Happy Saturday from beautiful Easton! The bright sun is glistening over the surface of Shovel Shop Pond this morning, it’s perfectly still mirror-like waters broken only by the ripples of a fish eating bugs that make the mistake of landing on the water’s surface.
This week I am taking a second look at some of the postcards from A. Frank Pratt, whom I wrote about two weeks ago. The four cards featured today are full color prints that date to the 1910's. To make these postcards, a photographer would take the photo of the desired building or landscape. Since these photos were taken with black and white film, the photographer would make notes about what colors to use for color printing, and send those notes along with the image to a printer for proofing. Black and white film was favored by photographers (think Ansel Adams) because the fine grain size of the film captured every detail in the subject matter, and allowed for excellent printing and enlargements without losing sharpness or other quality problems. If you look at the early color postcards, many of them were printed in Germany, which had perfected the color printing process. Since one could not be in Germany easily to see what the finished product was like, the notes provided by the photographers were vitally important to producing the correct image.
I chose these cards today for two reasons: the subjects are familiar and interesting, and the colors have stayed vibrant after more than one hundred years. All four cards were published by O’Connor’s News Store and printed in Germany. The photographer and/or artist is unknown to us.
First up is a postcard of our Museum, the former Old Colony Railroad Station. The photo was taken from across the street near the shore of Shovel Shop Pond. An old streetlight and several telegraph poles are seen in the photo, as well as a horse drawn wagon hiding behind the tree on the left. Just to the right of center is the magnificent sycamore tree that now is an Easton landmark. In this photo it is about one hundred years or so younger! I believe it is one of the original plantings on the site, which was landscaped by Frederick Law Olmsted. Note the colorful hues in the sky, undoubtedly asked for by the photographer to make the photo more colorful, and more interesting.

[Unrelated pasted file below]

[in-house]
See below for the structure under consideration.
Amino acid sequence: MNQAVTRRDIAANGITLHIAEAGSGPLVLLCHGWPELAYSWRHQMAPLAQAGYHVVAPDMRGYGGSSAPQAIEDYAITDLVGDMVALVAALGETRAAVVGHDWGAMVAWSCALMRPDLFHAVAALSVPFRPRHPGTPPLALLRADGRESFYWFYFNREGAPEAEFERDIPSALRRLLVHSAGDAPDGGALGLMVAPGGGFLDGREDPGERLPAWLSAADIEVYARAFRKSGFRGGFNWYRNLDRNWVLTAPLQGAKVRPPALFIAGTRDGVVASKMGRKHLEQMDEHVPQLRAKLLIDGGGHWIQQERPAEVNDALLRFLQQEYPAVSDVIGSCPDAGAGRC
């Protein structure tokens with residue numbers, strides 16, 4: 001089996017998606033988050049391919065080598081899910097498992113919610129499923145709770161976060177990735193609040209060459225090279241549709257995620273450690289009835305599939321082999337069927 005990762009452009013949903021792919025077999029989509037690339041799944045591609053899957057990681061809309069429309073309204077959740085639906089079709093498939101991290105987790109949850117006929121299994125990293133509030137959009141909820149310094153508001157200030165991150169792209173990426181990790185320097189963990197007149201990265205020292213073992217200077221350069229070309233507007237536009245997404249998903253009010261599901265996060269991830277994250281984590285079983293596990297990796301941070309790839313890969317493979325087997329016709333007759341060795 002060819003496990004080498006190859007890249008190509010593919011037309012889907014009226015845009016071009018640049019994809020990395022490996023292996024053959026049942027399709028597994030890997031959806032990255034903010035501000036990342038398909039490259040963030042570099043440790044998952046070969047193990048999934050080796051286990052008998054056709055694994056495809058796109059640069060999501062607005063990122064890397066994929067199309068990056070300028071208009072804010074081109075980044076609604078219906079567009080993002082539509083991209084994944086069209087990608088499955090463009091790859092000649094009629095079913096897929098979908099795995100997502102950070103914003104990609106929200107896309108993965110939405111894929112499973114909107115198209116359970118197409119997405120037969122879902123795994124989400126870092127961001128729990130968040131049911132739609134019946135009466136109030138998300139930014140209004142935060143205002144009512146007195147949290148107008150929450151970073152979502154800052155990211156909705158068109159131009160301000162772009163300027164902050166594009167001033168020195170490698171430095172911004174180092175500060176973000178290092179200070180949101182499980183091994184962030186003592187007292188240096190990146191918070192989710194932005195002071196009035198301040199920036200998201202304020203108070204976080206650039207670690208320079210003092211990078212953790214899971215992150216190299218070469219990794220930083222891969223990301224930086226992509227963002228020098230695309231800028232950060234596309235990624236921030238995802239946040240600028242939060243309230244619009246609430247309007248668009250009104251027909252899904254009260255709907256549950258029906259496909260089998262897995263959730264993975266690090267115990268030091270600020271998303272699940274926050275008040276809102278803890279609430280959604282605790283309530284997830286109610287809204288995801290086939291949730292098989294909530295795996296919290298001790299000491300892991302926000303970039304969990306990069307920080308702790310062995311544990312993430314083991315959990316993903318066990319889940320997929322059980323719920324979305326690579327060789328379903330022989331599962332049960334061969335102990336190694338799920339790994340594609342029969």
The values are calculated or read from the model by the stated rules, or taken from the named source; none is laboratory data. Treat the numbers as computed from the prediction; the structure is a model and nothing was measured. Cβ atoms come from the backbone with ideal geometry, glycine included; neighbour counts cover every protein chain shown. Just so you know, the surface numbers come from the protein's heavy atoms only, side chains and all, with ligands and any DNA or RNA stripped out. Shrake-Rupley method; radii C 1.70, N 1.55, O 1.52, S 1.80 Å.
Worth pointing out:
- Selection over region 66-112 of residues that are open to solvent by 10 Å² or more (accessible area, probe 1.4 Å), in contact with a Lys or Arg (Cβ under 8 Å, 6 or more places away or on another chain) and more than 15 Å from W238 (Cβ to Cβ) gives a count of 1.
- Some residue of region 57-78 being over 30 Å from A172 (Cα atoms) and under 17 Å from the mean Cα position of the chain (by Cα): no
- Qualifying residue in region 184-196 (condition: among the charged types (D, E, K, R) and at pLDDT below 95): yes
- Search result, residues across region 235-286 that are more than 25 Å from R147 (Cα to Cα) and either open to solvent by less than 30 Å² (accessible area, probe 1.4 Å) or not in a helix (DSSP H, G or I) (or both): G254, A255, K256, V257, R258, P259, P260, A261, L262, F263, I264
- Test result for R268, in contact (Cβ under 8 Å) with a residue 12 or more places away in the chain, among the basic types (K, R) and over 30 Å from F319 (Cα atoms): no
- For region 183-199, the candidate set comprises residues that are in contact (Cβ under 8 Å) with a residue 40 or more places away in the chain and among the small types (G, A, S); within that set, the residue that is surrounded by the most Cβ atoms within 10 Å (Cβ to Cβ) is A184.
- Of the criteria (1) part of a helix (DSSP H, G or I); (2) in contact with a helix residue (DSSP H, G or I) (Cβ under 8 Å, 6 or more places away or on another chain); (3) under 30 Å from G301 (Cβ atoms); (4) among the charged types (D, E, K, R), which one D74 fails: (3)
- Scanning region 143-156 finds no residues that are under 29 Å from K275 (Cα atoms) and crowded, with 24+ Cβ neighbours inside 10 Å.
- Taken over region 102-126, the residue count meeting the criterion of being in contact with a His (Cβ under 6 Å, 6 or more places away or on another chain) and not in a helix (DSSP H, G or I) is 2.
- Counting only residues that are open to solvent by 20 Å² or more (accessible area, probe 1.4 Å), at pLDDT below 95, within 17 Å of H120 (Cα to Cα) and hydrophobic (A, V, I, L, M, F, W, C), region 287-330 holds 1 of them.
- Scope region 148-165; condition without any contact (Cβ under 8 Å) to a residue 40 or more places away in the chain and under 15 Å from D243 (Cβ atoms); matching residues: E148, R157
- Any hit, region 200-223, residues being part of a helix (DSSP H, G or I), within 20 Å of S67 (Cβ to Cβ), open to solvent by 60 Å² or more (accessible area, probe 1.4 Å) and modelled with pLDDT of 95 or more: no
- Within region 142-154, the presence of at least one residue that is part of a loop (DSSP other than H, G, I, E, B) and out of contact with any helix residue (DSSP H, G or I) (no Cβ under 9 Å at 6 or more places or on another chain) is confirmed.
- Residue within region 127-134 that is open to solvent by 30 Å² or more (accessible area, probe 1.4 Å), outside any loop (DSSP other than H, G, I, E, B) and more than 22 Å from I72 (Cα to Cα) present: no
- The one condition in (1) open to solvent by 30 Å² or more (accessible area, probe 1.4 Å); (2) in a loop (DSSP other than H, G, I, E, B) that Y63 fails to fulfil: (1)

Another Easton landmark is featured in the Oliver Ames Gymnasium card. Located on Barrows Street, and today housing the Recreation Department and the Council on Aging, the building served as the original gymnasium for the 1895 Oliver Ames High School. Built with funding from Anna C. Ames, the widow of former Governor Oliver Ames, the building also provided rooms for music instruction in the early days of the Anna C. Ames Band. The green paint is faithfully shown here, as well as four neighborhood boys who probably frequented the building.
Next up is “Queset Lea” as it was sometimes called, which stands behind the Ames Free Library. At the time of this photo, it was the home of Broadway producer Winthrop Ames. The photo shows the original landscaping. The drive, which now ends at a walled garden adjacent to the house, once continued to the stables at the rear of the property, and the home of Hobart Ames, which stood to the northwest of this house. It is a rare photo of an early Ames mansion (built for Oakes Angier Ames in 1854) featuring the original approach and plantings.
Last, we come to one of the newer buildings at the time, the Immaculate Conception Church on Main Street. Completed in 1904, the stone structure was probably about ten years old in this photo. Excellent detail is present in the photo including the intricate woodwork around the entryways. I must draw your attention to the roof colors in these postcards. The church has had a red roof as far back as I can remember, but this card has the church with a blue roof. Here we see the photographer perhaps taking some “artistic liberty” with his creation. In other postcards of Easton buildings, the roofs and other details in a photo are sometimes given a different color, for no other reason that the artist thinks one color was a better look than another. It is also possible that if no color for the roof was noted, the printer may have assumed slate was used as a roofing material, thereby causing blue to be used in the printing. I do not know if the printer from Germany would have sent a proof back to the publisher; I tend to think not, so there might not have been any corrections made unless the cards were re-ordered for additional printings.
Until next week, stay well,
Curator: Frank Meninno